Great whites are considered the ultimate predator of the ocean. They can reach sizes over six meters and have more than 300 serrated teeth in their mouths. The depth giants can travel at speeds of over 50 kilometers per hour and can feel a minute’s movement from the prey of 250 meters.
All of the above suggests that there is nothing more terrifying than great white sharks in the oceans, but something is killing them off the coast of South Africa, experts say.
Since 2017, cage diving operators have seen a sharp decline in large white sightings.
In 2018 there were 50 observations, and in 2019 there were none.
Illegal hunting and human activity were thought to be the cause of the decline in large whites, but scientists now believe there is another explanation.
Killer whales or killer whales were first spotted in South Africa in 201
South Africa relies on great white sharks for its tourism industry.
As a result, the government convened an emergency meeting on their disappearance.
A statement from the South African Department of Environment, Forestry and Fisheries said: “This day is significant because it serves as an annual reminder of how South Africa is blessed with a wide variety of fishery resources, but also that we manage sustainably and adequately protect the ecosystems that hide these finite resources.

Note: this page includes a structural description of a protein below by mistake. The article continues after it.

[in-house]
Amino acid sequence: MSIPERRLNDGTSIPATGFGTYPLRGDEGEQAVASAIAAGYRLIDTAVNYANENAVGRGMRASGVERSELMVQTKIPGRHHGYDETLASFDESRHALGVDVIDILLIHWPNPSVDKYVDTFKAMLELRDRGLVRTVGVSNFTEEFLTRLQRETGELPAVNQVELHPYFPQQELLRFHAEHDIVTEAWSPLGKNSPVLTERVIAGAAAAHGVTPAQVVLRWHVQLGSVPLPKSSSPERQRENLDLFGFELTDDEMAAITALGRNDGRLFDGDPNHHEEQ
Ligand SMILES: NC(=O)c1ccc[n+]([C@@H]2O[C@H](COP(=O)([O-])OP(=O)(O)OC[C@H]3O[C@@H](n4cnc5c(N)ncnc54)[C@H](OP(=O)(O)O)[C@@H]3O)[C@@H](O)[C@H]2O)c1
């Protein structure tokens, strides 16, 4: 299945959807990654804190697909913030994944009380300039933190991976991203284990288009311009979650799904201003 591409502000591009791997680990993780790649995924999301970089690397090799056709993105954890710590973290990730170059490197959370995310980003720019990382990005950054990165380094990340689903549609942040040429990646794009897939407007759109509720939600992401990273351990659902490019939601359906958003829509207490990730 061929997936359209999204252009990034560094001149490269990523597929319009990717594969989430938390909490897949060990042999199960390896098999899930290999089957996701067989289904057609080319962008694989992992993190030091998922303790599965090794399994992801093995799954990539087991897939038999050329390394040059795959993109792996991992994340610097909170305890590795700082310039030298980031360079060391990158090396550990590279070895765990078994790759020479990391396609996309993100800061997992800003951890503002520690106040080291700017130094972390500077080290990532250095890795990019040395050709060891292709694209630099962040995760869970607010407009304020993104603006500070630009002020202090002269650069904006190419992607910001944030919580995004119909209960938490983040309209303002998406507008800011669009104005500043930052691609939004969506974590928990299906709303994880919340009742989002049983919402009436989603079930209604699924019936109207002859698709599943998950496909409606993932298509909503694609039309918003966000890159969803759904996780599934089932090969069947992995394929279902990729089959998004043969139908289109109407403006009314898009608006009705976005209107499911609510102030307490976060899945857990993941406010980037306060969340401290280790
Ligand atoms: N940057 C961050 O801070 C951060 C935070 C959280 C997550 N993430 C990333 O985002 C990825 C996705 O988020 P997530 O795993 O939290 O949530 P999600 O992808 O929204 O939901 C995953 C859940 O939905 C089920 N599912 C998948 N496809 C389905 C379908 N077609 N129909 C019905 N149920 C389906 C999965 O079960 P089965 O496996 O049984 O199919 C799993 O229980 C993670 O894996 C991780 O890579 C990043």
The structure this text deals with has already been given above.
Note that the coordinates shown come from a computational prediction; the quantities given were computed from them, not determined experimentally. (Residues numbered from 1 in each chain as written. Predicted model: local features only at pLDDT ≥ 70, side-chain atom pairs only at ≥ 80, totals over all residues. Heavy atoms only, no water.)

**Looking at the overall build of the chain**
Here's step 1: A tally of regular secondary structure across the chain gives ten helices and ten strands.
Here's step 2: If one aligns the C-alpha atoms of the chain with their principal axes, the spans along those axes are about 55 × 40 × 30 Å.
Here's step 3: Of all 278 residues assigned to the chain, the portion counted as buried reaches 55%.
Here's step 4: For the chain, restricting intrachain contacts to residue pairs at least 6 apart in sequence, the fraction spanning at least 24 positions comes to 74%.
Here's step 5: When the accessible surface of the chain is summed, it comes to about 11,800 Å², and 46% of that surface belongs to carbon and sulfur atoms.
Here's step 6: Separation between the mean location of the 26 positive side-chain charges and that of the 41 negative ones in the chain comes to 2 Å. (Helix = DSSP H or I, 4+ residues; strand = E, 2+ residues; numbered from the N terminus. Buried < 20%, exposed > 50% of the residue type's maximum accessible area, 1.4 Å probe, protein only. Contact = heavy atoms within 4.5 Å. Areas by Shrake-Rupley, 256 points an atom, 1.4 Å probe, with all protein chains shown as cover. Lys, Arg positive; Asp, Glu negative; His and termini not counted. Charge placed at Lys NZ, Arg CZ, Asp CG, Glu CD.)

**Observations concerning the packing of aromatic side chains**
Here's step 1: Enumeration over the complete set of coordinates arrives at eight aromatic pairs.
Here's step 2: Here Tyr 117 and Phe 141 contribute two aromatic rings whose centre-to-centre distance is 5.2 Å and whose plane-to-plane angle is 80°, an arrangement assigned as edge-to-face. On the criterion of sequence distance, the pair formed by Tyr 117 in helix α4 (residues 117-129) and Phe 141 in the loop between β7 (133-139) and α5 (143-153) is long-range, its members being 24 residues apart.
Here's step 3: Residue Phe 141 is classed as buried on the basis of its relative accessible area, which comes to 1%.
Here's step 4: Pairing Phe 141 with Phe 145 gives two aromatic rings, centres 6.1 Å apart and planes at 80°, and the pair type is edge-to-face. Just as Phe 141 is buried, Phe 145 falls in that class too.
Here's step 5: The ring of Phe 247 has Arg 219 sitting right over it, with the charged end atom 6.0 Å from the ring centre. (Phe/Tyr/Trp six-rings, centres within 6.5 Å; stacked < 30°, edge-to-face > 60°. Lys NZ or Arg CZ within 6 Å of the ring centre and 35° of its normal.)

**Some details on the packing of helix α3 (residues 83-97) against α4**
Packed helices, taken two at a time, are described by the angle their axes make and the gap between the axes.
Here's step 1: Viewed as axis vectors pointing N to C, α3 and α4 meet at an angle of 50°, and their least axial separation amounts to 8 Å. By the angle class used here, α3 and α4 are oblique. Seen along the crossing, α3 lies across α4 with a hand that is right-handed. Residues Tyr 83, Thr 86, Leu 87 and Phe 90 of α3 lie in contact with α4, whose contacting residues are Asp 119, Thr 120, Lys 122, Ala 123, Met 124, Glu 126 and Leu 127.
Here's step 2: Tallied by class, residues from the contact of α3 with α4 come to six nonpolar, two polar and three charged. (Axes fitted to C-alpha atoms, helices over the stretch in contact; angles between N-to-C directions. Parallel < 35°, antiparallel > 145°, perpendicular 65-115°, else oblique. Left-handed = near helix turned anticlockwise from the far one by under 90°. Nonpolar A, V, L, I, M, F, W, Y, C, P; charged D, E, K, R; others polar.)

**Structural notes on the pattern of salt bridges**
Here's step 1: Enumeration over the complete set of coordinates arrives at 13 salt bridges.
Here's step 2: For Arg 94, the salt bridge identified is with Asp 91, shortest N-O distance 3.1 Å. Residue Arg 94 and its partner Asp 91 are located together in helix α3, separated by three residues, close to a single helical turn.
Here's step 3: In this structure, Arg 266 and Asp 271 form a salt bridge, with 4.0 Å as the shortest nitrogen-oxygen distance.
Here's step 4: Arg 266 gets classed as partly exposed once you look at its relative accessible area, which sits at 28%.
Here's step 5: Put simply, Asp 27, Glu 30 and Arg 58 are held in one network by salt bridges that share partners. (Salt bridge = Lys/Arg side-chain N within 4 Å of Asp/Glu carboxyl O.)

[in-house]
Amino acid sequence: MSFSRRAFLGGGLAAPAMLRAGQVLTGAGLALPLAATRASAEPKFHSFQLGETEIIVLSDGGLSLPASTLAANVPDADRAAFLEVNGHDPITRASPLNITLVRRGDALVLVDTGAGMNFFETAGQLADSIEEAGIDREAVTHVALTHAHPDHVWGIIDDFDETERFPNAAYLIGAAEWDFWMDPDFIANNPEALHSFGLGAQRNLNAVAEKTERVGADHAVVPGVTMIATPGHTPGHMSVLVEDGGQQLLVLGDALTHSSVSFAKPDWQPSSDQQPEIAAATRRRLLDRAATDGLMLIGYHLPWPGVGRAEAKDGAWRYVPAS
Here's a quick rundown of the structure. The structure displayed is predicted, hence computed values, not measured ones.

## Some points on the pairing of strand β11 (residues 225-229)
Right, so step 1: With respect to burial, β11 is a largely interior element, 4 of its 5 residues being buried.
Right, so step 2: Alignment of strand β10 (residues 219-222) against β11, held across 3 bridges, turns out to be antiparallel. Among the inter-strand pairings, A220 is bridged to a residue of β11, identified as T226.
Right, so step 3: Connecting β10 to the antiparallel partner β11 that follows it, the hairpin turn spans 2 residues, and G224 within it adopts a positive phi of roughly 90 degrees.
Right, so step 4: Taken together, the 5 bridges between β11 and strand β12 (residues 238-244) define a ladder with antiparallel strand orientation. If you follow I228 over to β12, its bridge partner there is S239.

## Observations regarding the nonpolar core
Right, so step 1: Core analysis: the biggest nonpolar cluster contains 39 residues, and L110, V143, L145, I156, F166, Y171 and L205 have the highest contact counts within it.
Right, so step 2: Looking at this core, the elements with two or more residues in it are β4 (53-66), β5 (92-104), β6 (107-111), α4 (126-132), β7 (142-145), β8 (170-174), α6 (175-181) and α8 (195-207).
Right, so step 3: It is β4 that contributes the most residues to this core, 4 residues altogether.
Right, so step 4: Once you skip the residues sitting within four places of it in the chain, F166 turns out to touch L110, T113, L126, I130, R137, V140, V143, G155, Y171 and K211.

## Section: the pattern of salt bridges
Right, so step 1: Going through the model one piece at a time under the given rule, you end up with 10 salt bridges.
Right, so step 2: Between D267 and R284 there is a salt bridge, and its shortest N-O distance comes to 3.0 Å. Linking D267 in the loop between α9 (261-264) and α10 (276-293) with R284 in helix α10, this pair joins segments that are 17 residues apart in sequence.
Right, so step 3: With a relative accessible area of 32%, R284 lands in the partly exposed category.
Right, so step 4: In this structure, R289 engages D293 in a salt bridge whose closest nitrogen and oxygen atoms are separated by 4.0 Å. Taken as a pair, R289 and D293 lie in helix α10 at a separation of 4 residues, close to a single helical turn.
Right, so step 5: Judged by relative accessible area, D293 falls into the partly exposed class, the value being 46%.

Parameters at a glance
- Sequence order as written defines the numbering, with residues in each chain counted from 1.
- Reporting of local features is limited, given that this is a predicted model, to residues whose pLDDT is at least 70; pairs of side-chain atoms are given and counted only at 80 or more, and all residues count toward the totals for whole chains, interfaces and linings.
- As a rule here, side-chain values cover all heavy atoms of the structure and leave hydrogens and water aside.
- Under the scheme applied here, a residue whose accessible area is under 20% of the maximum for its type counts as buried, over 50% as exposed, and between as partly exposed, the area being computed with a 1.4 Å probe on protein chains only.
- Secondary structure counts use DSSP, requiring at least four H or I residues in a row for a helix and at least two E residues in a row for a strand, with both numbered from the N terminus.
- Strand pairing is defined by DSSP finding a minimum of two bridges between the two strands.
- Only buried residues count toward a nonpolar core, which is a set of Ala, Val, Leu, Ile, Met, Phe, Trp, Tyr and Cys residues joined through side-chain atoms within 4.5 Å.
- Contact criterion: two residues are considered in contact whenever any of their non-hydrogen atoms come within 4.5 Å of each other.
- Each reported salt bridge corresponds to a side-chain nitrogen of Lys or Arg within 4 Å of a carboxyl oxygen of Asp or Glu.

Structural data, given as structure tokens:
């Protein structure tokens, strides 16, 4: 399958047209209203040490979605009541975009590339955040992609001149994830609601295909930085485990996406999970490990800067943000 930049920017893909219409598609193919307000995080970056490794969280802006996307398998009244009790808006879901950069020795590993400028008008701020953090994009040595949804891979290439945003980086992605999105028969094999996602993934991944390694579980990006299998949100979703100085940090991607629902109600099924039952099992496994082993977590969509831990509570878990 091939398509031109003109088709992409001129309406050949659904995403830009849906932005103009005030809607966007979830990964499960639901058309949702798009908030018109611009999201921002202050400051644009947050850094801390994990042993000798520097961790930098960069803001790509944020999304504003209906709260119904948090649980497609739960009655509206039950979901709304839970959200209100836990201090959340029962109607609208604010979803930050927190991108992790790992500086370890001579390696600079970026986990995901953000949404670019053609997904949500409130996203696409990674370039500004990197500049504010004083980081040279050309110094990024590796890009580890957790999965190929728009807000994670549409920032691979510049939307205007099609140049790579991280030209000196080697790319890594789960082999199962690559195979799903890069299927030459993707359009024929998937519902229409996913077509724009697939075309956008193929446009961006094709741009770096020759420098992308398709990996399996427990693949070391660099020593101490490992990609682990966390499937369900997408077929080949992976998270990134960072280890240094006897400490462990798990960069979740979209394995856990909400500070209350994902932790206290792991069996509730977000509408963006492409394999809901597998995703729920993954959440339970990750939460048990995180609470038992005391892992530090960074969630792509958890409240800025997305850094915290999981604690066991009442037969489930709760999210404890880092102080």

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The researchers said at the meeting that “they have found evidence of a causal link between the appearance of a killer whale pod that specializes in white shark victims.”
In 2017, the remains of five great whites were found near the Hansbaai area, which are in line with the killer whale attacks.
One of the team, marine biologist Alison Cock, said that when killer whales appear, sharks tend to die.
She said during the presentation: “Every time this happened, there was an immediate fall and a gap when white sharks were spotted.”
However, she acknowledged that “we do not yet have all the answers”.